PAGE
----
Featured Research

from universities, journals, and other organizations

Polarized Particles Join Toolbox For Building Unique Structures

Date:
October 17, 2006
Source:
University of Illinois at Urbana-Champaign
Summary:
Researchers at the University of Illinois at Urbana-Champaign have created polarized, spherical particles that spontaneously self-assemble into clusters with specific shapes and distributions of electric charge. The polarized particles can be used in the directional self-assembly of intricate shapes and unique structures.

Steve Granick, a professor of materials science and engineering, of chemistry and of physics, above, and Erik Luijten, a professor of mateials science and engineering, have created polarized, spherical particles that spontaneously self-assemble into clusters with specific shapes and distributions of electric charge.
Credit: Image courtesy of University of Illinois at Urbana-Champaign

Researchers at the University of Illinois at Urbana-Champaign have created polarized, spherical particles that spontaneously self-assemble into clusters with specific shapes and distributions of electric charge. The polarized particles can be used in the directional self-assembly of intricate shapes and unique structures.

Related Articles


"The world abounds with particles that have traditionally been treated as geometrically symmetric, chemically isotropic and electrically uniform," said Steve Granick, a professor of materials science and engineering, chemistry and physics. "We have muddied the waters a bit by asking: 'What happens when we build clusters from particles that have an uneven distribution of electric charge?' "

The polarized spheres are called Janus particles; Janus was the Roman god of change, often portrayed with two faces gazing in opposite directions. The spheres offer new opportunities in particle engineering for building particular structures. The clusters may also prove useful as simple systems in which to explore the role of charge interactions in determining how proteins aggregate.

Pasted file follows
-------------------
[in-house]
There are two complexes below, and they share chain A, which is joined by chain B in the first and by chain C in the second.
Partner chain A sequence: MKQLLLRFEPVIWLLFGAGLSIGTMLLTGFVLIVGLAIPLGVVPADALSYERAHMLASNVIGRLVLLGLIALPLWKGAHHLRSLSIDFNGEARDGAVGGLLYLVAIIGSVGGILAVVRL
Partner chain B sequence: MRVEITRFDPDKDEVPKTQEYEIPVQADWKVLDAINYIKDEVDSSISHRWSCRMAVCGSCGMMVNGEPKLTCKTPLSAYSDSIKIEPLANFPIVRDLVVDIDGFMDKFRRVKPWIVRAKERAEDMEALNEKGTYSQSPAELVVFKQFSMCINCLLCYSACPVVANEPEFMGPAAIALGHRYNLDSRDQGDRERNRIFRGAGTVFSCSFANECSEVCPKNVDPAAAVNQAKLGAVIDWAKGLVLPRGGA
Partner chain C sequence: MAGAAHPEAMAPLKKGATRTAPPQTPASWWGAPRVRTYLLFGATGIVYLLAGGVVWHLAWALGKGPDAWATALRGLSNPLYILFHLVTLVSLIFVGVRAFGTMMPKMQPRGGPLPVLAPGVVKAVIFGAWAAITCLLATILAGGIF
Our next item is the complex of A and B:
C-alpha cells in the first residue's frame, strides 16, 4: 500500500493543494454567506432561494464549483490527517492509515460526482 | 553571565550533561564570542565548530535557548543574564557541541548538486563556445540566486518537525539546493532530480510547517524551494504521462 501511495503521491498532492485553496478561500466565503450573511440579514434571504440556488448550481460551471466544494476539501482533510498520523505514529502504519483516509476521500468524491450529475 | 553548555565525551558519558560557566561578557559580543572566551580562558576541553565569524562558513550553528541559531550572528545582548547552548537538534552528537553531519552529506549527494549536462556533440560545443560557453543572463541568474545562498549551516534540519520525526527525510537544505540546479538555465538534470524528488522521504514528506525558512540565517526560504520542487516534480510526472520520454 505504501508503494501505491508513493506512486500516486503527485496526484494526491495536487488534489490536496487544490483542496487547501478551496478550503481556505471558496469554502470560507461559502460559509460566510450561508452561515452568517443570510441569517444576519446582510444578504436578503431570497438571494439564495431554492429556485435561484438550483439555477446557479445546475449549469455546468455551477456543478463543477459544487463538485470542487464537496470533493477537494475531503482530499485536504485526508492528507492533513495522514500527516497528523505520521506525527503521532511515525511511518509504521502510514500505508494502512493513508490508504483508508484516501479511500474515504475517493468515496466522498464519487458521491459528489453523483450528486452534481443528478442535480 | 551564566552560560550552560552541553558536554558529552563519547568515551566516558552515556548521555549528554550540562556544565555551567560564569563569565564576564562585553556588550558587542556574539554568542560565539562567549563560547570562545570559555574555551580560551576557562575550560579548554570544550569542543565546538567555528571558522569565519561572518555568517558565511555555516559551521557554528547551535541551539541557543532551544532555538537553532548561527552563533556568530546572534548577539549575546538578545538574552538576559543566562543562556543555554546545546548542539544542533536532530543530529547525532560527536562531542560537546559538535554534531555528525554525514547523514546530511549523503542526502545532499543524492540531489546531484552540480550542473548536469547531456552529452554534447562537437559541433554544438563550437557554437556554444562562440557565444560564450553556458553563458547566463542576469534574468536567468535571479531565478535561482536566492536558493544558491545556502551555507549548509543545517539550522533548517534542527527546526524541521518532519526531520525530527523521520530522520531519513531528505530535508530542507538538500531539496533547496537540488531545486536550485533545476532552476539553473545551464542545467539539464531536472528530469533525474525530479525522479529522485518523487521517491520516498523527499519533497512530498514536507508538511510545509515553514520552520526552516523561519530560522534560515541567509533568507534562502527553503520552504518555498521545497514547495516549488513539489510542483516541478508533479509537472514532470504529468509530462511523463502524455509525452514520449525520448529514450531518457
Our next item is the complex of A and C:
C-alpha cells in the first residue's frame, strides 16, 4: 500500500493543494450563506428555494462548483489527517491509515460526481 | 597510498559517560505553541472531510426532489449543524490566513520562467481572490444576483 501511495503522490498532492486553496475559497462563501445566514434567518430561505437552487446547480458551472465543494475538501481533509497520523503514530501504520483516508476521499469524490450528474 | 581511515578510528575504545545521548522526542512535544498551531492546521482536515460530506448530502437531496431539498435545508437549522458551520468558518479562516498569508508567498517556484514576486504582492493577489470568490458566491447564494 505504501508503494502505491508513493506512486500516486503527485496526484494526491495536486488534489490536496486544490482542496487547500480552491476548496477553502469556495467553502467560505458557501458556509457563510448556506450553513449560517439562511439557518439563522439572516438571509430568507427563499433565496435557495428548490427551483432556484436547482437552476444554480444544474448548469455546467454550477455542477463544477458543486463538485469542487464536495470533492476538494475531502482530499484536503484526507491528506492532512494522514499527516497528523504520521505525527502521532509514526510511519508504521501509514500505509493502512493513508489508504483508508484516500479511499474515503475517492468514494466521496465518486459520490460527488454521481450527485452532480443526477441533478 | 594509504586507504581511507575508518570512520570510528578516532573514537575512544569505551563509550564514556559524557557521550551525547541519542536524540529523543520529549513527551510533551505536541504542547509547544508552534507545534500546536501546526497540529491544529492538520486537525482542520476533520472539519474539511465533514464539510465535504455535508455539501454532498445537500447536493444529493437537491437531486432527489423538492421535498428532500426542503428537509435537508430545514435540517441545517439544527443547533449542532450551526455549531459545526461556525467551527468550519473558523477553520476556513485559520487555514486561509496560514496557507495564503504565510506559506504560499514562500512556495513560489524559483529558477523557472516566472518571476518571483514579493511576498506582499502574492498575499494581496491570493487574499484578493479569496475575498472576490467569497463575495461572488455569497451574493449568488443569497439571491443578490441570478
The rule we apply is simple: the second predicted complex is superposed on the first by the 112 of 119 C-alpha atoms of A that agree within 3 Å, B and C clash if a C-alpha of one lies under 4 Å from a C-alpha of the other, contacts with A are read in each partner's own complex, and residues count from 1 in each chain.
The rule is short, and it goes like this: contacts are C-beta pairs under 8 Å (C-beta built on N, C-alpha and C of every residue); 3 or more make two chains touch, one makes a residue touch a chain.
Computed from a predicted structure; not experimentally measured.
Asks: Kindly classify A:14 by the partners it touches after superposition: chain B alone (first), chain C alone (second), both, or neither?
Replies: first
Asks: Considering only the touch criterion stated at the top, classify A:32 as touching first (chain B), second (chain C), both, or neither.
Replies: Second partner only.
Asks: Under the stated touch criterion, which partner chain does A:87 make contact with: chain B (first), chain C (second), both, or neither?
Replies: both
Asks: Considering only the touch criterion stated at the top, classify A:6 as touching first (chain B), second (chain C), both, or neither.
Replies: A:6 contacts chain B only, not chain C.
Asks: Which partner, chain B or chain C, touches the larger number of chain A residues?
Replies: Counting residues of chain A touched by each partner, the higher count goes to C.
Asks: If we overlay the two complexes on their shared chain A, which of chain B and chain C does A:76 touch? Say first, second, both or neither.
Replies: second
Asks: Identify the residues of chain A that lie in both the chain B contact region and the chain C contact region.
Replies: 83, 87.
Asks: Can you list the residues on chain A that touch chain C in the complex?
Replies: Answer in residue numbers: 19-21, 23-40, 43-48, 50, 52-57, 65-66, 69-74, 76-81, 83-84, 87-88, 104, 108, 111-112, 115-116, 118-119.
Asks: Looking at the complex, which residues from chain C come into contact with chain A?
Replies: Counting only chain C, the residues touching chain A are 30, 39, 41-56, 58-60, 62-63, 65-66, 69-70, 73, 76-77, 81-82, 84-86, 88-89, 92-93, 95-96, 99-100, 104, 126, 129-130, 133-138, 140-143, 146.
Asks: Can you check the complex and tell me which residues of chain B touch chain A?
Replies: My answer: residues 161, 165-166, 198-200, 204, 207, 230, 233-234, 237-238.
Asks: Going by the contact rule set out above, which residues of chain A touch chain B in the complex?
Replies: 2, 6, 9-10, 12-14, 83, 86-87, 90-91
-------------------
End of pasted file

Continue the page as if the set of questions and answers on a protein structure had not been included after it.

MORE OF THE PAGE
Granick and his collaborators describe their work in a paper accepted for publication in the journal Nano Letters, and posted on its Web site.

To make their Janus particles, the researchers begin with negatively charged beads one micron in diameter. Using electron beam deposition, they coat one hemisphere of the beads with a gold film, which is then made positively charged.

When placed in solution, the particles spontaneously self-assemble into specific geometrical shapes depending on the number of particles. For example, clusters of seven particles resemble a flywheel, which can revolve around a polar axle.

The compact shapes differ fundamentally from the strings and rings formed by magnetic particles, said Granick, who also is a researcher at the Frederick Seitz Materials Research Laboratory and at the Beckman Institute for Advanced Science and Technology.

"The observed shapes are in excellent agreement with computer simulations," said Erik Luijten, a professor of materials science and engineering, and a corresponding author of the paper. "The simulations not only show you the shapes, they also show you how the particles are oriented in the cluster."

Surprisingly, the charge distribution of the initial Janus particles is preserved in the clusters. One half of each cluster tends to be positively charged; the other half negatively charged. This uneven distribution of surface charge could be utilized, perhaps, in the directional self-assembly of particles into more elaborate and intricate shapes.

"Future work could consider particles whose shape is not just spherical, but also rod-like or oblate," Granick said. "This is just the beginning of something that will catch a lot of people's imaginations."

Lead authors of the paper were graduate student Liang Hong and postdoctoral research associate Angelo Cacciuto. The work was funded by the National Science Foundation and the Petroleum Research Fund.


Story Source: